grayson selepes

Gilbert High School supplemental athletics trainer T.J. Marsh (left) with J.F. Byrnes centerfielder Grayson Selepes (middle) and his mother, Ashley (right). The Prisma Health employee perform CPR and other medical attention on Selepes following a violent collision in a March 8 game at Gilbert High School. TJ Marsh photo.

The work and duty of public service workers has received increased focus during the ongoing pandemic.

When it comes to Gilbert High supplemental athletics trainer T.J. Marsh, her work and diligence will always hold a special place of admiration and appreciation of Grayson Selepes’ family.

"I'm not a hero," she said. "I was doing my job. That's part of it. That's what we do, what athletic trainers do."

The definition of the word would describe what happened Sunday, March 8 at Gilbert High School when the life of the J.F. Byrnes outfielder was, quite literally, in Marsh's hands.

“It was awful”

Watching 75 yards away behind the first base bench, Marsh witnessed a violent collision between Selepes and the shortstop as they chased a flyball in the sixth inning against Bishop England in the Sandlapper Shootout.

Selepes took the thudding brunt of the blow in the chest and fell to the ground. Sensing something was very serious, Marsh quickly rushed into the outfield and found a nonresponsive Selepes who appeared to be headed into cardiac arrest.

"I heard that hit more than saw it," she said. "And when I heard it, that is a sound that you should not hear on a baseball field and there are no pads. So when you get that sound of that hit, it was awful. It was literally like somebody hit a balloon that won't pop and smashed it flat and all the air rushed out in half a second. You knew it was bad."

Quick action

She quickly put her years of paramedics training into action. After calling out for emergency services, Marsh and two nurses who just arrived at the ballpark promptly administered CPR (cardiopulmonary resuscitation) and used the AED (automated external defibrillator) to revive Selepes.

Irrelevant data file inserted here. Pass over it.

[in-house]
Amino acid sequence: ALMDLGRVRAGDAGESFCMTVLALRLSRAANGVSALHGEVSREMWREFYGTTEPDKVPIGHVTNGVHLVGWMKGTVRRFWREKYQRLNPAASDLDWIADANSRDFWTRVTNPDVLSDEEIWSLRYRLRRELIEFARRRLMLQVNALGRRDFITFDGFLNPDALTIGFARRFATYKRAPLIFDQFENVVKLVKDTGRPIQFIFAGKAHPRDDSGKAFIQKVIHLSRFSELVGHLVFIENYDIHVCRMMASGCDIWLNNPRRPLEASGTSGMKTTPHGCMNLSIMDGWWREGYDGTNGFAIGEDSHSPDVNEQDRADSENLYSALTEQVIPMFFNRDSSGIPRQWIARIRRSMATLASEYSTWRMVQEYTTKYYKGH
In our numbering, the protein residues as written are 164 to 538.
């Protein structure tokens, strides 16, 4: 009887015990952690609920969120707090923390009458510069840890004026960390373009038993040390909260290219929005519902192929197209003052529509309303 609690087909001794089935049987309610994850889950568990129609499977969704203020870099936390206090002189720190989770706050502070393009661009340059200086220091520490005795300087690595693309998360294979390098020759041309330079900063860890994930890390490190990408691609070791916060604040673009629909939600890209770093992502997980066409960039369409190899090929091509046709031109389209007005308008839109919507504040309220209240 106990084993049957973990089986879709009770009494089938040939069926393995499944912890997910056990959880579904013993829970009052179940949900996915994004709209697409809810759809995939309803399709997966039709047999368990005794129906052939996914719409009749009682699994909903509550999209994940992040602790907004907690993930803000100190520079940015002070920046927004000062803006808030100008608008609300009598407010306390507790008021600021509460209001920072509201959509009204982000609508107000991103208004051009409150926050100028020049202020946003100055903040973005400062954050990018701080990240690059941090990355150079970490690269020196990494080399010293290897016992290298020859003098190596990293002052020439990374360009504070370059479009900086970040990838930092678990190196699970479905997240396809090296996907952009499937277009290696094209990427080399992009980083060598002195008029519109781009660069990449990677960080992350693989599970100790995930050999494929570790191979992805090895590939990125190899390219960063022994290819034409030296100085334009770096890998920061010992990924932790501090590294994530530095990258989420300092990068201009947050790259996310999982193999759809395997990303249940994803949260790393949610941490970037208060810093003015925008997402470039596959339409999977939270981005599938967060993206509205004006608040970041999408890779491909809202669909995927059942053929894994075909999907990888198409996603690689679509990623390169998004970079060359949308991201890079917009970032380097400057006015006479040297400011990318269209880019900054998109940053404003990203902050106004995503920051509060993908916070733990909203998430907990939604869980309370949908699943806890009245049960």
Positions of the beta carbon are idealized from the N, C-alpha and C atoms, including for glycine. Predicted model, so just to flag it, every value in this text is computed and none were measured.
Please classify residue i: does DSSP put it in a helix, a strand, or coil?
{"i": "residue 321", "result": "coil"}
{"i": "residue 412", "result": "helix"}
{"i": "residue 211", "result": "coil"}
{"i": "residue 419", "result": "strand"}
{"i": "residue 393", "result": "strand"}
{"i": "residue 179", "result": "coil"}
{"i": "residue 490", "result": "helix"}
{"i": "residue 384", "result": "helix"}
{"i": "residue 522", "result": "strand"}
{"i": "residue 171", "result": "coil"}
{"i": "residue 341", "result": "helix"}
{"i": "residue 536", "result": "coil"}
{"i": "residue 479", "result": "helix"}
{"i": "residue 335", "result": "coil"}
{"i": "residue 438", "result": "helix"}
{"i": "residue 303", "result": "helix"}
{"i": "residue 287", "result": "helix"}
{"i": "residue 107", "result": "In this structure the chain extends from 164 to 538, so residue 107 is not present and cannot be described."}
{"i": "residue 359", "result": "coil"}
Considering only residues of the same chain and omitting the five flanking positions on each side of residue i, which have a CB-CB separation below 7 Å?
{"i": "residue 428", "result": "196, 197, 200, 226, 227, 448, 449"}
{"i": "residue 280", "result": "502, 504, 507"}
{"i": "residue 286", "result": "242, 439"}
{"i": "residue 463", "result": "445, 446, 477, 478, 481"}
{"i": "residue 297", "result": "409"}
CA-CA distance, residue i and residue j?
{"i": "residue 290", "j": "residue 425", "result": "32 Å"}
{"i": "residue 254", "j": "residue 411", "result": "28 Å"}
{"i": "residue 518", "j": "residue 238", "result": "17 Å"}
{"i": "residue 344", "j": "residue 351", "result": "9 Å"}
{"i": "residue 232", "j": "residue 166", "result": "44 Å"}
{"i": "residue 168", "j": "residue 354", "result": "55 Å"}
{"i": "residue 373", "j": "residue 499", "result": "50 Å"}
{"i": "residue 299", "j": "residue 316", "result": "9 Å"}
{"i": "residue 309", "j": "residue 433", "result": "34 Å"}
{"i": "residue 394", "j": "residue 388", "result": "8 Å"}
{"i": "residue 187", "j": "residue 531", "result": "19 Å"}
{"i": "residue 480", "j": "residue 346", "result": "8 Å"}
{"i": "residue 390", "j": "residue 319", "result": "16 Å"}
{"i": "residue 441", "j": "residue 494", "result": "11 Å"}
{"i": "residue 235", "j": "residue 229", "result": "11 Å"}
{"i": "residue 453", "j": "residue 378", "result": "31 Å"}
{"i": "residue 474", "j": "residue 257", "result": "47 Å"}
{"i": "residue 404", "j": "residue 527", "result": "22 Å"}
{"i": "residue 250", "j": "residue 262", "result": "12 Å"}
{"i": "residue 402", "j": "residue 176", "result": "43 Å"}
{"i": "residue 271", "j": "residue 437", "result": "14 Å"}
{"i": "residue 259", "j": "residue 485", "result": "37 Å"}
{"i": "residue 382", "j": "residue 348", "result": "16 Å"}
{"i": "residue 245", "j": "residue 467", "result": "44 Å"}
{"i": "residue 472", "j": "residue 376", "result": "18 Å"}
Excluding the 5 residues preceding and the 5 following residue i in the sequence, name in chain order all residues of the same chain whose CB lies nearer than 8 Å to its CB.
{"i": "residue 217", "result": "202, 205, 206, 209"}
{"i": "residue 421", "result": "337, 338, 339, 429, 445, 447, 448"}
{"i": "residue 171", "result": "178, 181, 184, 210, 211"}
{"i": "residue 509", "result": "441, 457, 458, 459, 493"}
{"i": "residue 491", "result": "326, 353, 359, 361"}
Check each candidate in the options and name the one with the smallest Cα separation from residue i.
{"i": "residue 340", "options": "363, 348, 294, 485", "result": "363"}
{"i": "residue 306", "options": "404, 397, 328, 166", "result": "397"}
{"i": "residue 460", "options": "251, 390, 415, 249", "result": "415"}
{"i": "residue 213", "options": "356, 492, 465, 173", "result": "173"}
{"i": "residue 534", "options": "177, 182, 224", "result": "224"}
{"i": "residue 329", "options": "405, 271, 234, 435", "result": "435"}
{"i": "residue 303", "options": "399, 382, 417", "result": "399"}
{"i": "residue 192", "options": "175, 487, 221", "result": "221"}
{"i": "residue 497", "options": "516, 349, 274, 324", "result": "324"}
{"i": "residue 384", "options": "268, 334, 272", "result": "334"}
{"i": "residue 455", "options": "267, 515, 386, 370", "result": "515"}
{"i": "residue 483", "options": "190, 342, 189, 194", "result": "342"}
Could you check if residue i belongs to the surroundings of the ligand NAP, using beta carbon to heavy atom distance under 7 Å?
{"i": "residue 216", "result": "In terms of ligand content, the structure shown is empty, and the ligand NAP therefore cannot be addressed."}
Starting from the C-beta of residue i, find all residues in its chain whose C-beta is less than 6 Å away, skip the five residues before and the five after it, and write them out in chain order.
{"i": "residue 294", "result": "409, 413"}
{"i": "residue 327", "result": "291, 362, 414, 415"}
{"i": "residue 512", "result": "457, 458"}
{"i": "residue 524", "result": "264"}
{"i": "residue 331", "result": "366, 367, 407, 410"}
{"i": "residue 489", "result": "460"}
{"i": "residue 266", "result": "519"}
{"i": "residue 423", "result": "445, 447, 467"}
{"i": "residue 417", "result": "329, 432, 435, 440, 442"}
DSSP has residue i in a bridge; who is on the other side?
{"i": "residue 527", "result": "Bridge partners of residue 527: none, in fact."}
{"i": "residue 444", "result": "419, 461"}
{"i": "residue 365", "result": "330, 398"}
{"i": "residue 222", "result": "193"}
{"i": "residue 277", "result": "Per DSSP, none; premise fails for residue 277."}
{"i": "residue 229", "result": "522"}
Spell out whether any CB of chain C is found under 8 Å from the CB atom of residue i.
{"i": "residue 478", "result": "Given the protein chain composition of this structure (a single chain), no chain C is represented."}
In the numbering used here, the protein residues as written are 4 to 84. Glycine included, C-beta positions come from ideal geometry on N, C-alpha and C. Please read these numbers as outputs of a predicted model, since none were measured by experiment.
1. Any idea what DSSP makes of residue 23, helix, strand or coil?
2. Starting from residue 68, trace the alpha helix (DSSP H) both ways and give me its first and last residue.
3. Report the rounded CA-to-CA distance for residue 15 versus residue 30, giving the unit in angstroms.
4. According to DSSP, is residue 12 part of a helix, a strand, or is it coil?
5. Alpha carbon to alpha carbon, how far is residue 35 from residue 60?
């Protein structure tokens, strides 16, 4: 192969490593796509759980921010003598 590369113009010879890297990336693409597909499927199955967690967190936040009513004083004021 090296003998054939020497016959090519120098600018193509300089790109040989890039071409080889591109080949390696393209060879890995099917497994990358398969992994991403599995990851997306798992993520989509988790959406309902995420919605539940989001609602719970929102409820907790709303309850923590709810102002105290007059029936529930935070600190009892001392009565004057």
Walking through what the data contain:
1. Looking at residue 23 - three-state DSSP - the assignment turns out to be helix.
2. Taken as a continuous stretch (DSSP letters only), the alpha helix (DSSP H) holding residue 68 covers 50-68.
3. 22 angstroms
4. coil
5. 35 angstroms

Marsh said Lexington County Emergency Medical Services arrived approximately seven minutes after getting the call to transport Selepes to Prisma Health Children's Hospital. She later called it "the longest seven minutes of her life" as she and the nurses worked to save Selepes.

"I've seen broken legs, broken arms, horrible stuff," Marsh said. "In this case, you’re literally holding somebody’s life in your hands. I hope to never have to do it again, but I would if a life depended on it. It’s part of the job.”

Marsh visited Selepes before he was released from the hospital. At the hospital, his mother Ashley took a picture of the three of them together.

“The good Lord put me there that day and I knew what to do. Though, there was a lot of praying on that field," she said.

A wakeup call

Days later, Marsh faced another medical crisis – the virus pandemic. She spends her hours now screening patients entering the emergency department and entrances at Prisma Health, but Selepes’ injury was a wakeup call.

“What you see patients and family members going through coming in, they’re scared,” Marsh said. “Patients are going in by themselves because they’re not letting visitors in now and you have to explain to them the whys. It was a preparation phase. Dealing with trauma prepares you for the next event you face.”

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